Chameleon T-Shirts With Electrochromic Polymers
Chameleon t-shirts that can mimic a background, or replay any patterns at will? Sounds like the mimetic polycarbon suit from William Gibson's 1984 novel Neuromancer:
The Panther Modern leader, who introduced himself as Lupus Yonderboy, wore a polycarbon suit with a recording feature that allowed him to replay backgrounds at will.
(Read more about the polycarbon suit)
A real-life polycarbon suit is the dream of Greg Sotzing of the University of Connecticut in Storrs. He has developed threads of electrochromic polymers which change colour in response to an applied electric field.
Here's how it works:
A mixture of differently coloured threads would be knitted or woven into a T-shirt or blanket, along with a small number of thin metal wires connected to a battery pack and a microcontroller. The crisscrossing wires effectively divide the shirt into pixels.
Each coloured thread changes its state at different voltages, so by varying the voltage between different pairs of wires you can change the colour of each pixel. By connecting the controller to a camera, it could even be made to switch the pixels to display a pattern matching your surroundings.
Electrochromic polymers are coloured because the electrons in their chemical bonds can absorb light across a range of visible wavelengths. When a voltage is applied it changes the energy levels of these electrons, causing them to absorb light of a different wavelength, and changing the material's colour. When the voltage is reversed, the electrons return to their usual energies and the original colour returns.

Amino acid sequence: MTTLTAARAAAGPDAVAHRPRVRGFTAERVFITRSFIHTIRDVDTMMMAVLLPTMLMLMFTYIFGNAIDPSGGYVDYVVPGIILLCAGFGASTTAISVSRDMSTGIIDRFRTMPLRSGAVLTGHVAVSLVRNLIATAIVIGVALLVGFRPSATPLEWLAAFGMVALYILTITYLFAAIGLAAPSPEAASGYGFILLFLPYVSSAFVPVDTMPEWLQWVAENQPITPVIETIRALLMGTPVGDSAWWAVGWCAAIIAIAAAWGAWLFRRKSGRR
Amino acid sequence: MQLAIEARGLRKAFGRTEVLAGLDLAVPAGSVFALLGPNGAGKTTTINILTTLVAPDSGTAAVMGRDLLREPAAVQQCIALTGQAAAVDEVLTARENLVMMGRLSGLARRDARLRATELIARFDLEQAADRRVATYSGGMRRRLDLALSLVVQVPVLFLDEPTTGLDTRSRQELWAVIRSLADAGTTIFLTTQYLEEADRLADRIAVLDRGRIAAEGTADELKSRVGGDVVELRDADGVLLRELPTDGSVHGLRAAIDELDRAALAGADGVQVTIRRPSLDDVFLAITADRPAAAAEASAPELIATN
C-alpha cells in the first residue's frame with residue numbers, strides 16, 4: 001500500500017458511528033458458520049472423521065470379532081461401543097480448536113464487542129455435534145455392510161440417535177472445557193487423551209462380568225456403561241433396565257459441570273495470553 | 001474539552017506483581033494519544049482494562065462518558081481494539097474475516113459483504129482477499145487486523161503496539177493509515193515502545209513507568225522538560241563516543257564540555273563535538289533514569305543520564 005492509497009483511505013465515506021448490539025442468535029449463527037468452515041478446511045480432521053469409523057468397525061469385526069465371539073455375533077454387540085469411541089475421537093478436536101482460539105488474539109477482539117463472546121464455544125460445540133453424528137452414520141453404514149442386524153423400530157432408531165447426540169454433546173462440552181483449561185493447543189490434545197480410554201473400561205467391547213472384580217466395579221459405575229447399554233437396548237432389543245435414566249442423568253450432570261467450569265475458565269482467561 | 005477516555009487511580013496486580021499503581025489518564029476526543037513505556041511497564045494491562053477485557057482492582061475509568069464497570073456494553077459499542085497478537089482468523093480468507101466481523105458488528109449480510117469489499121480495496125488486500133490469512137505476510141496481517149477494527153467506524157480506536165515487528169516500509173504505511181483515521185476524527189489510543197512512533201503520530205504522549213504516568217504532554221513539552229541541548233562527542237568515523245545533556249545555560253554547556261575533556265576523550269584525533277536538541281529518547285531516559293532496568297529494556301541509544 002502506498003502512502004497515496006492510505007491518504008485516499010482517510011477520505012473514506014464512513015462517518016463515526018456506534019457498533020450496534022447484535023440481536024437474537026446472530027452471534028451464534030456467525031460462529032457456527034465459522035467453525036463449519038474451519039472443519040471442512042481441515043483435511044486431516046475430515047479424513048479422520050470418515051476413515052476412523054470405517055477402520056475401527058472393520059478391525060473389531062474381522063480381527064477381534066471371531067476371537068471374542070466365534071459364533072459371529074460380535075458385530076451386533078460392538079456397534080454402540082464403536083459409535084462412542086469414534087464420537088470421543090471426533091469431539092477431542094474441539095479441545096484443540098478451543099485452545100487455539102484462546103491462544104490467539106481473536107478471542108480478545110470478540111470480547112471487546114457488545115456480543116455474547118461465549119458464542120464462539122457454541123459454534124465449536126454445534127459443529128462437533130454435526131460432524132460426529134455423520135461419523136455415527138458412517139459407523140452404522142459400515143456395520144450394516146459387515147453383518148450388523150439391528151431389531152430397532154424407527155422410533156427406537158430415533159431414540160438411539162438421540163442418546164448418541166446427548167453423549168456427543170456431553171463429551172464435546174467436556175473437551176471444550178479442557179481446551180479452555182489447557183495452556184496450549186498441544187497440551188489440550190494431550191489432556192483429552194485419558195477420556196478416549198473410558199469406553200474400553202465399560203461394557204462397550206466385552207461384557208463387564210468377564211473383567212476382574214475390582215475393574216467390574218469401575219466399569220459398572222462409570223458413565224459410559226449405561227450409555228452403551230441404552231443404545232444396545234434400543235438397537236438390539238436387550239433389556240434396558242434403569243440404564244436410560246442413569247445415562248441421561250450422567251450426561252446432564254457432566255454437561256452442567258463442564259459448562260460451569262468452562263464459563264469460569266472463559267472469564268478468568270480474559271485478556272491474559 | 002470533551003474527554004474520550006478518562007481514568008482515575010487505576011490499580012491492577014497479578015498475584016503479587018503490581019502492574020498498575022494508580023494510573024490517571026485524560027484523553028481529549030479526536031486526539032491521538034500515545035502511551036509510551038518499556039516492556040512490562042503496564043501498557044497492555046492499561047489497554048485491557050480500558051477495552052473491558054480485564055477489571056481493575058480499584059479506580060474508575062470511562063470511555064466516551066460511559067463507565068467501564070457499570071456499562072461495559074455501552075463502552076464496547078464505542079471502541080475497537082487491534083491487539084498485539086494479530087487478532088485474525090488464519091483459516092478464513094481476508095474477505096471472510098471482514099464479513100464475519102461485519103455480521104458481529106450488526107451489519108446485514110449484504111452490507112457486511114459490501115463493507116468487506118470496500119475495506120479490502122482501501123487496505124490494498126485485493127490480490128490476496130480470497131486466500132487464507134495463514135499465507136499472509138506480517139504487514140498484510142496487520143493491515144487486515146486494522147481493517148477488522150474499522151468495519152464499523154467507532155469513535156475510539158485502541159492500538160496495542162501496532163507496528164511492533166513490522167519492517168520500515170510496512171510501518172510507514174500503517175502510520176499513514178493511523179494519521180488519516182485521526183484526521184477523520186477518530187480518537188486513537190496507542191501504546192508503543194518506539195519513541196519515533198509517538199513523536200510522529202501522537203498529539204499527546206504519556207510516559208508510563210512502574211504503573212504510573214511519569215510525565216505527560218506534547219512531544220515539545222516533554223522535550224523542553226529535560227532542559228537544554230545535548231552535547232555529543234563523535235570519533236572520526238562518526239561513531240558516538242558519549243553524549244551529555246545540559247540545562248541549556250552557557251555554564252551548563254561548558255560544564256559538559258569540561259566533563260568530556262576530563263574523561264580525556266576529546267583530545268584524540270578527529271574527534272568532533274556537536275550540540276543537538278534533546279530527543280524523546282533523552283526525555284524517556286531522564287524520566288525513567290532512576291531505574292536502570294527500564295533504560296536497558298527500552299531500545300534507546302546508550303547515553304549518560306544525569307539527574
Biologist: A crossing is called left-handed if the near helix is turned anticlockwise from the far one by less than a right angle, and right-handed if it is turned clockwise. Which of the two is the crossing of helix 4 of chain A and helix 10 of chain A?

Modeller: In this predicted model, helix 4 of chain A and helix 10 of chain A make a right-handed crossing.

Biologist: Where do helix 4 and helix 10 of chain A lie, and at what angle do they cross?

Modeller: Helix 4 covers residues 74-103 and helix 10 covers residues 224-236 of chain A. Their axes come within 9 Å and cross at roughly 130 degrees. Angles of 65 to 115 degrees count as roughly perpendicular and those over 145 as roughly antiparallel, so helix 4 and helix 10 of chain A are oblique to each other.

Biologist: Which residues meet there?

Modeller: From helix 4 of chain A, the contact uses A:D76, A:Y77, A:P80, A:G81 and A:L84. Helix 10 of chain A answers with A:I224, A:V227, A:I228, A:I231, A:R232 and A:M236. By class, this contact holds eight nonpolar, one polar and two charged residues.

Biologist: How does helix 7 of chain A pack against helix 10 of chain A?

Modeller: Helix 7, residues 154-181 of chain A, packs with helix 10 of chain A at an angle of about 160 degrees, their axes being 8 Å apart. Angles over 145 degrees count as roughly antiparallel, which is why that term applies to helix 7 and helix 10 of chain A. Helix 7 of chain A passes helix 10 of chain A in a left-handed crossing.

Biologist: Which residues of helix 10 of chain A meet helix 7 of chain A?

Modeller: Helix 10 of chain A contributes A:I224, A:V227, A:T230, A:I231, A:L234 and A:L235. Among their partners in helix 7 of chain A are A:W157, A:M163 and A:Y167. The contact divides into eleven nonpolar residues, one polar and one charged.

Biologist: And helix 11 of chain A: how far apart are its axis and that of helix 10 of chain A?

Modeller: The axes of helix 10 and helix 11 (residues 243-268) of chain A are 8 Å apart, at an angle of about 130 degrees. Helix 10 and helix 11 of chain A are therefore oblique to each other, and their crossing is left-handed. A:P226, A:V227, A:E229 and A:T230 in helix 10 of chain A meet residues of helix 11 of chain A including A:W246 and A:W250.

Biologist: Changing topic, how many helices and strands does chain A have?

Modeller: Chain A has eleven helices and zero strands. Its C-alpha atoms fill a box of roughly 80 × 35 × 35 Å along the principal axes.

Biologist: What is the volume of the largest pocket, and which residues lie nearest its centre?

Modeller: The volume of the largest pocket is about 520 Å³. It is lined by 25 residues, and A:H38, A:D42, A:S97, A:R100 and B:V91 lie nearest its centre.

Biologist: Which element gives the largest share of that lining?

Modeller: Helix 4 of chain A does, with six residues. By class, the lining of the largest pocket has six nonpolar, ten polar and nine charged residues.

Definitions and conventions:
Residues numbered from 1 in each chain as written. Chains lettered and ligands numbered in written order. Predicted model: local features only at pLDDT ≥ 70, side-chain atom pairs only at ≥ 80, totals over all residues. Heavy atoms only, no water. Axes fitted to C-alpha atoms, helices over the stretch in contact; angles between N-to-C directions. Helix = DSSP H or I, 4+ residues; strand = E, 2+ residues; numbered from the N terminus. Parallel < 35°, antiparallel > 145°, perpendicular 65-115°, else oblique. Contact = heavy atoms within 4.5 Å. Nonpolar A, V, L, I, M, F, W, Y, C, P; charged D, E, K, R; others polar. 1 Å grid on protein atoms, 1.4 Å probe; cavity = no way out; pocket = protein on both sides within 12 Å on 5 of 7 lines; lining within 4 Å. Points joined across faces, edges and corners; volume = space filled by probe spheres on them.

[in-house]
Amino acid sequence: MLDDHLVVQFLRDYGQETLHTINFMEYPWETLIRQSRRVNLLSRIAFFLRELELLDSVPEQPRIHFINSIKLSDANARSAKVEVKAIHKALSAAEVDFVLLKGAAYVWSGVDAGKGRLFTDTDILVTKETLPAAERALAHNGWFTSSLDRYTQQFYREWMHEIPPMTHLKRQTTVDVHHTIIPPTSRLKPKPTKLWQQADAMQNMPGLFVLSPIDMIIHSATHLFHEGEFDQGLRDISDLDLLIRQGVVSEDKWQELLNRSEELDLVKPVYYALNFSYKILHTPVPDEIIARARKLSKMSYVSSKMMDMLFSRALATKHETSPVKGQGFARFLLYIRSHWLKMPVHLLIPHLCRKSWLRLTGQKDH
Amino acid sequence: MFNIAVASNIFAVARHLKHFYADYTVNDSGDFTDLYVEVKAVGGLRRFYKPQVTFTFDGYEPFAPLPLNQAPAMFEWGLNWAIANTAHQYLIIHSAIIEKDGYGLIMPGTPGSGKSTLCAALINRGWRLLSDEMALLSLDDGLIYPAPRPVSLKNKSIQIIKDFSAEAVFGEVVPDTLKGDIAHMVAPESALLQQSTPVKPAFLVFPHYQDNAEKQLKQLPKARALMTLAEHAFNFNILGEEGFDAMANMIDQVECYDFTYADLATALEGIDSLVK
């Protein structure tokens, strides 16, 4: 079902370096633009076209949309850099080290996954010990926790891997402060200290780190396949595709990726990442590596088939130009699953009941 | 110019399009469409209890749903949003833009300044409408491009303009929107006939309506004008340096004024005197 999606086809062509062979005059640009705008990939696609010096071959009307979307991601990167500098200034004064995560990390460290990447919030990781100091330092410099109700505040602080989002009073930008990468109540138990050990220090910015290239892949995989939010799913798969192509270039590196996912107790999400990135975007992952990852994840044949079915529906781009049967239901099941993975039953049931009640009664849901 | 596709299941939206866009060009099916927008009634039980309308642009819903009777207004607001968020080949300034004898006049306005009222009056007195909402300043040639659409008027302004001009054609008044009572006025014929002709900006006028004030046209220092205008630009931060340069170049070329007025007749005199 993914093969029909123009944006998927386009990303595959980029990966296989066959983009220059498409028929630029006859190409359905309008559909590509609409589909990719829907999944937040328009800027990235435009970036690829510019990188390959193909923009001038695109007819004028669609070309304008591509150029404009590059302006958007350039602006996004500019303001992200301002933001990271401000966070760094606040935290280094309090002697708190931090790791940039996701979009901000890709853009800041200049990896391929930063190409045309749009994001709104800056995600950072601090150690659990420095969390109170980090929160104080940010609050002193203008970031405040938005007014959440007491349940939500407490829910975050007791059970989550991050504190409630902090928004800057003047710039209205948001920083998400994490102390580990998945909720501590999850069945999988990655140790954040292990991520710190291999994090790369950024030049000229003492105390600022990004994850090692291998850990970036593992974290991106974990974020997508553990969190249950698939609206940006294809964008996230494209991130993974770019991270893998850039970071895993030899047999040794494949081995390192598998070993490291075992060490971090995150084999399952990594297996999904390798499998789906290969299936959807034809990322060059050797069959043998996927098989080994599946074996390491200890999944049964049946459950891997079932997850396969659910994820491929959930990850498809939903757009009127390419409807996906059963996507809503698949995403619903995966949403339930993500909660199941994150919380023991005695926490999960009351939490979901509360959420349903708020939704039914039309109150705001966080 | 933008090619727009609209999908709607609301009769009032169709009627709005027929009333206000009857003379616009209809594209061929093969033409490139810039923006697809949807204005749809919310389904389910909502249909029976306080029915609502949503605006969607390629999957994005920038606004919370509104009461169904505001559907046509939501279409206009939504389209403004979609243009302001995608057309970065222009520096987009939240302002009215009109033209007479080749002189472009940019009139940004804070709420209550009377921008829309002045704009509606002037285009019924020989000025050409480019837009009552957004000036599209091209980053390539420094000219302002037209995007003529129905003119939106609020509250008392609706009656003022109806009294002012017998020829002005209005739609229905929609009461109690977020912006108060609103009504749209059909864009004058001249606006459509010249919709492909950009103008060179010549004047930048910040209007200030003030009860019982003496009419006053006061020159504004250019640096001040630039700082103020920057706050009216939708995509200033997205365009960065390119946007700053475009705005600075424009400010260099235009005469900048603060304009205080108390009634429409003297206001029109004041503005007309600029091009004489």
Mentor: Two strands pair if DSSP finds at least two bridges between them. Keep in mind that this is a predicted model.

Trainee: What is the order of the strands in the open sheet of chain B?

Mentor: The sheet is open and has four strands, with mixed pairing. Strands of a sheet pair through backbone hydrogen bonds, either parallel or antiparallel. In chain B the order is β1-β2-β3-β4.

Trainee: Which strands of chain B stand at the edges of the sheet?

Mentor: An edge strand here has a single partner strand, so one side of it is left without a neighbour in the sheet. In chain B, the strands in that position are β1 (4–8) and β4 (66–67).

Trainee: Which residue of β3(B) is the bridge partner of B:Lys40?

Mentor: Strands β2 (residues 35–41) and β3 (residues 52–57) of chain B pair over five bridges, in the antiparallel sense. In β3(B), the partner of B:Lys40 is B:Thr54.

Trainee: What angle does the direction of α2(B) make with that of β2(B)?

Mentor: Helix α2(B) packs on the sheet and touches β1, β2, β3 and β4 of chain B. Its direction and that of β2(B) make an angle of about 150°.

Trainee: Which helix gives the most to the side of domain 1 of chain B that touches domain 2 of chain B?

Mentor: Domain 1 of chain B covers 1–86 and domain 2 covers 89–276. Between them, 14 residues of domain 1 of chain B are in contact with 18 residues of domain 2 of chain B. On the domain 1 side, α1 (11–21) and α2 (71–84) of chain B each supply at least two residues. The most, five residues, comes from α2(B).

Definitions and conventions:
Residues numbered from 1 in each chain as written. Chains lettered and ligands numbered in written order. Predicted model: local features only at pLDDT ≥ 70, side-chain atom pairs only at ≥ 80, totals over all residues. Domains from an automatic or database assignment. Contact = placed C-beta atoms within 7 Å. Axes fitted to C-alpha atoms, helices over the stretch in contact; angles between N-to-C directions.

(From press release)
At the present time, Sotzing and his team are only making fibers that change from orange to blue, and from red to blue; they hope to create threads that change from red, blue and green to white. So, the t-shirt (or suit) is still a ways off.
This story comes from NewScientist print edition; this article is not available online without paying a fee. On the other hand, you can read these super-suit articles for free: Flexible armor suits for skiers or the cinematic version of PKD's scramble suit. Be sure to check out Gibson's science-fictional polycarbon suit. Thanks to for writing in with this story tip; does anyone recall seeing this in Samuel Delany's novel Dhalgren?
Scroll down for more stories in the same category. (Story submitted 4/10/2006)
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